Your welcome, Varda.  Glad to hear you did a small oven fire the day before.  I had remembered seeing one mud oven builders effort all gone to waste when his oven cracked nearly in half, because he did not cure his oven.  I always give mine a warm up firing the day before if it's been sitting for a while, especially after a lot of rain or damp, cool weather.  A little extra stored heat also helps the baking.

Sylvia

Janetcook's picture
Janetcook

Varda,

I am impressed with how you built the oven....REALLY impressed!  Quite an undertaking for someone with no formal building skills....

Now you will have to get into scrounging for wood and chopping it up to fit the firebox.  People over on Hearth.com are the wood experts....IMHO...and there you will find just about all you need to know about wood burning......another adventure for sure.

By the way, the loaf is nice looking too :-)

Take Care,

Janet

varda's picture
varda

Thanks so much for your comments.   I'll take a look at hearth.com.    I live in a little forest, so finding wood is not a problem.   The oaks drop a branch now and then, and one of those is enough to burn for a summer.   But then as you say there's the cutting and the splitting and so forth.   No wonder people gave it up for little metal boxes with gas hookups.  -Varda

Janetcook's picture
Janetcook

For splitting you might look into a Fiskars Super Splitting Axe.  Available on Amazon.  Light weight, sharp and easy to handle.

You are lucky to have oaks on your property.  A great wood to burn.  Just make sure you let it season for at least 2 years before burning or a lot of your heat goes to burning out the moisture - ie goes up in steam.  Make sure it is split and then seasoned or else the centers do not dry out.....

Janet

varda's picture
varda

and a mistake I think I made last year.   You burn and burn and nothing gets hot.   Thanks.  -Varda

Janetcook's picture
Janetcook

No problem....just passing on what I have learned from the folks at hearth.com.....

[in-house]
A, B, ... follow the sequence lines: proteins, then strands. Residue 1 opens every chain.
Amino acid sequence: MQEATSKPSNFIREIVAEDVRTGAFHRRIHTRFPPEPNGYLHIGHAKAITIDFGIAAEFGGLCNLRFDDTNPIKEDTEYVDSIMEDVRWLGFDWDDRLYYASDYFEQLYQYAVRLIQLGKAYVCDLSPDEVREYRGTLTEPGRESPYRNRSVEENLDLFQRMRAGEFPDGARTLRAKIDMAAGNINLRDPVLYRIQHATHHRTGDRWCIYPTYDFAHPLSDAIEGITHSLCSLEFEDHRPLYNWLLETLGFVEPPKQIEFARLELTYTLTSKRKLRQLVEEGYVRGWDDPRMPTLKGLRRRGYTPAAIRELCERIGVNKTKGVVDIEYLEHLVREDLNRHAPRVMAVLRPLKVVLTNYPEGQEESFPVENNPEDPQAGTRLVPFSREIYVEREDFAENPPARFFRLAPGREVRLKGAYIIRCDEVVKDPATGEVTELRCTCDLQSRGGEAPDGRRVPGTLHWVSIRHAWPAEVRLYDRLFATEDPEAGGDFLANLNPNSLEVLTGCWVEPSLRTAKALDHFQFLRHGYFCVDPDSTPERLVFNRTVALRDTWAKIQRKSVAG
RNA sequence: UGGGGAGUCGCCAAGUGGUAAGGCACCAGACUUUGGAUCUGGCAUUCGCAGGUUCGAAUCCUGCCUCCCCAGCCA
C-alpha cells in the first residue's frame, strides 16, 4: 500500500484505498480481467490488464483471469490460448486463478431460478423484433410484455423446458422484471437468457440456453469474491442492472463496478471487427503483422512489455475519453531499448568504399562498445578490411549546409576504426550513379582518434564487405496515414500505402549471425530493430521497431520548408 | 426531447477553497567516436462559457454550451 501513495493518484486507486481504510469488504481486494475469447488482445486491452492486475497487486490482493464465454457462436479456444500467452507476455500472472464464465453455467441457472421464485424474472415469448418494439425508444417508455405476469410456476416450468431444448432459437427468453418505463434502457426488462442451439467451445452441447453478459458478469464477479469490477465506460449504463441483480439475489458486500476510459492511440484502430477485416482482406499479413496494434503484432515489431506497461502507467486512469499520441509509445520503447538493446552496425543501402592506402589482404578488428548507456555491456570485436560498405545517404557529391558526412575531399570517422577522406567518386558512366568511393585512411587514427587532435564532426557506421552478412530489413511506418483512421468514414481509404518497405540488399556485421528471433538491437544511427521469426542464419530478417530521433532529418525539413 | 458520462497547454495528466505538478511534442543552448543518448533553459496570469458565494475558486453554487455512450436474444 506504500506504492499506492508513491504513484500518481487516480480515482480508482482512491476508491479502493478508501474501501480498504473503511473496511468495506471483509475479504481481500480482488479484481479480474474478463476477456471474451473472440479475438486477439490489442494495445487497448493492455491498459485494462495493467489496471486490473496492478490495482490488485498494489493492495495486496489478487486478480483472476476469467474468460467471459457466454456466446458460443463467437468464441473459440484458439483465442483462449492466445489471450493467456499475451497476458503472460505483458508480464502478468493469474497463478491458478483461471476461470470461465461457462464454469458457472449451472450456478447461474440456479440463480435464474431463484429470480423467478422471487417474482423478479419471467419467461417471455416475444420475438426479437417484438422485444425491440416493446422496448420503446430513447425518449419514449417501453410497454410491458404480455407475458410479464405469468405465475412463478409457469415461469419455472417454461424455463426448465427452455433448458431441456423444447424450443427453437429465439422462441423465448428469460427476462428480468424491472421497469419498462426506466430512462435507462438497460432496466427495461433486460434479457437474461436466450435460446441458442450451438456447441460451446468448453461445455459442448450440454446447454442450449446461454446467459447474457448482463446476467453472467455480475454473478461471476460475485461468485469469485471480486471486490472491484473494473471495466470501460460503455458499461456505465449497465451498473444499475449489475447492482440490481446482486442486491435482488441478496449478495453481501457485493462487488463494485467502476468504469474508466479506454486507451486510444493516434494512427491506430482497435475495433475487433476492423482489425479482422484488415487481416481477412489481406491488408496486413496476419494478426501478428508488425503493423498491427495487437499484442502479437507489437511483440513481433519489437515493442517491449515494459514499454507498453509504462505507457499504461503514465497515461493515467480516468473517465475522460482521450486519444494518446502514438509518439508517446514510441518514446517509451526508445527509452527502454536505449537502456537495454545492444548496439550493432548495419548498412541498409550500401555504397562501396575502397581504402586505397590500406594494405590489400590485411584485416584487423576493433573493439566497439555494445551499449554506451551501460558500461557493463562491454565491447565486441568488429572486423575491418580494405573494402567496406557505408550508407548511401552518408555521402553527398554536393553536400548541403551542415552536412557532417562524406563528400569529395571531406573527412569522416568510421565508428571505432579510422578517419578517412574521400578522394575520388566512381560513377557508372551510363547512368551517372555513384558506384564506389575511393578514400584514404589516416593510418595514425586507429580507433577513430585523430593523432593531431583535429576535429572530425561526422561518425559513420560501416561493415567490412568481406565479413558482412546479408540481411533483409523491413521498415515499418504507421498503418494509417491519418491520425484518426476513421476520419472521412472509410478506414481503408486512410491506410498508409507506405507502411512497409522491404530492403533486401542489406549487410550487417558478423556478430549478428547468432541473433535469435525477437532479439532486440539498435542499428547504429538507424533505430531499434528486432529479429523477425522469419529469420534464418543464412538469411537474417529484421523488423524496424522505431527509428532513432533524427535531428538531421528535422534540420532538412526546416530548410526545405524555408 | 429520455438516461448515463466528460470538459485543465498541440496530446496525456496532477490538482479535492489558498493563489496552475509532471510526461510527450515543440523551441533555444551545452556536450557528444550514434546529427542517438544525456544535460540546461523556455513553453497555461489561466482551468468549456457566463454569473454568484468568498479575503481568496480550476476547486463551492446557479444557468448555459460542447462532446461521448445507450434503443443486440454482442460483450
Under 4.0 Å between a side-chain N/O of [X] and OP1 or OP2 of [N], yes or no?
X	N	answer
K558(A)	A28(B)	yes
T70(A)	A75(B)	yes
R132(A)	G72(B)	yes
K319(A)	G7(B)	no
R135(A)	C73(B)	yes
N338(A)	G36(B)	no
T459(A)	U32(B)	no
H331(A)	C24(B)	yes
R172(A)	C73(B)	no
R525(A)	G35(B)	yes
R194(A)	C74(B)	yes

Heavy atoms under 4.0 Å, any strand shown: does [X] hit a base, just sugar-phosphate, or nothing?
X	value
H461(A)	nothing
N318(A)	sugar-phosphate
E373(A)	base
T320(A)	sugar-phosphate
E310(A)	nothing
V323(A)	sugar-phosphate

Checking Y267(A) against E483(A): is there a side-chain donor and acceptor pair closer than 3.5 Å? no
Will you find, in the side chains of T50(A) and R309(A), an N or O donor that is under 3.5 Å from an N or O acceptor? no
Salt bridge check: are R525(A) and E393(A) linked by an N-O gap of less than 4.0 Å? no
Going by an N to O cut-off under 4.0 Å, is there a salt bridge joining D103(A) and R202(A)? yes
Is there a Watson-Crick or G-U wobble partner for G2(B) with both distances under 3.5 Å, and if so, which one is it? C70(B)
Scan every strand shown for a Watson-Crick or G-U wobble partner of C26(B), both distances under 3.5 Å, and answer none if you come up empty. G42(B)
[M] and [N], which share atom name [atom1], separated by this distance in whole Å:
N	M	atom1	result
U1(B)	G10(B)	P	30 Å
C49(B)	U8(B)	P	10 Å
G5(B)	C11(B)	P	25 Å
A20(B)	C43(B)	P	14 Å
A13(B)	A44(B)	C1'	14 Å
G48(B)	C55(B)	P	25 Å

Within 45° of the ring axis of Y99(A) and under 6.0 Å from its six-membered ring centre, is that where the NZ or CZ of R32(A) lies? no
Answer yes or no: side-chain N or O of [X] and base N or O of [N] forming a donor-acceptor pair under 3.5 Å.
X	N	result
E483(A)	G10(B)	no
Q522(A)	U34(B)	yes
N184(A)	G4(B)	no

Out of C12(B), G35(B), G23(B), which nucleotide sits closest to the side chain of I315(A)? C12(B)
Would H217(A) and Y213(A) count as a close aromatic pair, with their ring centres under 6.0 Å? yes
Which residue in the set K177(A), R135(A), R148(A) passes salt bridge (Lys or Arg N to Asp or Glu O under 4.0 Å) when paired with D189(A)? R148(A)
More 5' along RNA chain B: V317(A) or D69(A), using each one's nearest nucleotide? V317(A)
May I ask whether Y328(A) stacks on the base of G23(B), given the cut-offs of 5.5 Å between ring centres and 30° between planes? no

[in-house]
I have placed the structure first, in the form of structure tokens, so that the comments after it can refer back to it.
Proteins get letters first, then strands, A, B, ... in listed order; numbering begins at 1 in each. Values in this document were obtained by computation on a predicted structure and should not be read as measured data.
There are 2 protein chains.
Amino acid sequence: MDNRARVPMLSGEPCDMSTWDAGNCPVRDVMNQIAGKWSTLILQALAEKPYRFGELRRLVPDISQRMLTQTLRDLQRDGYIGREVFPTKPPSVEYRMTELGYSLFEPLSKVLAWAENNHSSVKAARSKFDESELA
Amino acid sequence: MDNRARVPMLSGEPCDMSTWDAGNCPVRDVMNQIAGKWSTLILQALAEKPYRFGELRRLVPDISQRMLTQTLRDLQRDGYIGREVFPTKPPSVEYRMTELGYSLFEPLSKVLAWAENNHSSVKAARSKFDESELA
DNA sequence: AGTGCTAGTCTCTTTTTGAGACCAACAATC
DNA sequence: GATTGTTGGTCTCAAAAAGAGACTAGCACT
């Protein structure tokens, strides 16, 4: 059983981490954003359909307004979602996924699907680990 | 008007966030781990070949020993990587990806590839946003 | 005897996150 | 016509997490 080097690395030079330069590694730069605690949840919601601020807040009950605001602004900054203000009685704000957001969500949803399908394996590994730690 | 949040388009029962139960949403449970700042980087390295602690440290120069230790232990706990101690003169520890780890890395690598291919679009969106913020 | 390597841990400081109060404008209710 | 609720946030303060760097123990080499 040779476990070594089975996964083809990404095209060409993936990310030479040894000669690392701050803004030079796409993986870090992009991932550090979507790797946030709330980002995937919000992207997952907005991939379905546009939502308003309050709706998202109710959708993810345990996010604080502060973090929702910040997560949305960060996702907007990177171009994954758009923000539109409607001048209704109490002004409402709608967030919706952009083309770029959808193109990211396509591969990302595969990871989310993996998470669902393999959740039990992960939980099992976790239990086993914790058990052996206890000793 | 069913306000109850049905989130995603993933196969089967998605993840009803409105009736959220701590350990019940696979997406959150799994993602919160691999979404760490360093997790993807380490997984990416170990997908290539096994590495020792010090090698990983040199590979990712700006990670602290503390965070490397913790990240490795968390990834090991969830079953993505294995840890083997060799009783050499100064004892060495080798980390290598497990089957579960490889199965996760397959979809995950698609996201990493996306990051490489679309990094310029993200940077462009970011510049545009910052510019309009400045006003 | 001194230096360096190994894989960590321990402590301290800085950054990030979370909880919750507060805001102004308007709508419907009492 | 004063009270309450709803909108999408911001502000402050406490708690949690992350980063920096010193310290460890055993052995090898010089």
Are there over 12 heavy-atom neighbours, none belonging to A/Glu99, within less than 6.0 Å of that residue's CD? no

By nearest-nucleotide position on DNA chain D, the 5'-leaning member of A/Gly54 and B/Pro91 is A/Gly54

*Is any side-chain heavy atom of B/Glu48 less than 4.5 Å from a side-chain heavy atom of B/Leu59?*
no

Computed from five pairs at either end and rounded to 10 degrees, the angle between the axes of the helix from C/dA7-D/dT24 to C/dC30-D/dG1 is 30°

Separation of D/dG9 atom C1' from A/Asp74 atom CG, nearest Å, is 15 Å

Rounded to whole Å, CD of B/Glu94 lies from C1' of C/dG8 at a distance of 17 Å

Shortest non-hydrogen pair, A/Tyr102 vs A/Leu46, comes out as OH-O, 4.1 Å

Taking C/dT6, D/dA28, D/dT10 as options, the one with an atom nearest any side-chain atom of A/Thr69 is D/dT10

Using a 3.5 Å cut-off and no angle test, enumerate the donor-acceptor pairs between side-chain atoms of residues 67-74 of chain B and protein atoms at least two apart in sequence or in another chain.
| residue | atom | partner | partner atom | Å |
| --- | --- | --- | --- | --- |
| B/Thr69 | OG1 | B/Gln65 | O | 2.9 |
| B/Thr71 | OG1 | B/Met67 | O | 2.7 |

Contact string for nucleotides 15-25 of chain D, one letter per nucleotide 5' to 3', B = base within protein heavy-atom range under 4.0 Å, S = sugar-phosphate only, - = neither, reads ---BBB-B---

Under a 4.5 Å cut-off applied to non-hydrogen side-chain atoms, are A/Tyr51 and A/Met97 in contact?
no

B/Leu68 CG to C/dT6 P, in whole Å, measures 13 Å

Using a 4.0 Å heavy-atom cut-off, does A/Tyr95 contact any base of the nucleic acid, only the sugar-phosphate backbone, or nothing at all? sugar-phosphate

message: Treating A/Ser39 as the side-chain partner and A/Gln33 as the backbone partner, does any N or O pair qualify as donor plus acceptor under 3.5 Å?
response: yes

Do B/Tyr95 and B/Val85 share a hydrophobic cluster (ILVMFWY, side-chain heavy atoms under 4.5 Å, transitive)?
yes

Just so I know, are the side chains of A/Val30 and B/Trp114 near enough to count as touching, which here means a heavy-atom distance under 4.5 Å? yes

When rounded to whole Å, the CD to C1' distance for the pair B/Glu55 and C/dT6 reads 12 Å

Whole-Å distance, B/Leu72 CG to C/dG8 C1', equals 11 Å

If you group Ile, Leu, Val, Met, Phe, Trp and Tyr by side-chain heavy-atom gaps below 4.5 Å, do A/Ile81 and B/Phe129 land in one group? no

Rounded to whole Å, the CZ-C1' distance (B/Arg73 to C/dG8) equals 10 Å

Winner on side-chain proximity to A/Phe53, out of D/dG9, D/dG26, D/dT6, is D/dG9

You will be amazed at how much more heat you will get from really dry wood.  20% or less moisture is optimum.....and your oak is the best for a hot and long burn.  May take a bit to get it going as it is a really hard wood - I use pine as kindling before adding oak.  Any cuttings off of bushes or trees works great too - the stuff you find laying around on the ground....

Take Care,

Janet

Syd's picture
Syd

Looks delicious, Varda.  And, as I said before, I am envious of your WFO!  That's right, blame the pale loaf on the precision building skills of your husband! :)  I love the glossy, gelatinised look of those big holes.  Looks really scrumptious.

Best,

Syd

varda's picture
varda

to help me, won't it.   Thanks for your comments.  -Varda

Franko's picture
Franko

Hi Varda,

You said in a previous post that my envy of your WFO might be misplaced...well it's not! That's a great piece of equipment you've built for yourself and much more appropriate for bread baking than our kitchen ovens are. Your loaf is evidence of this as an inaugural bake. I'm sure once you've become accustomed to the ovens heat retention and other properties you'll be using it as often as possible. Thanks for posting this, it's very encouraging to me in my quest to one day have a WFO of my own.

Best Wishes,
Franko

varda's picture
varda

I appreciate your comments.   I hope you will get / build a WFO soon because you will really know what to do with it.   -Varda

ehanner's picture
ehanner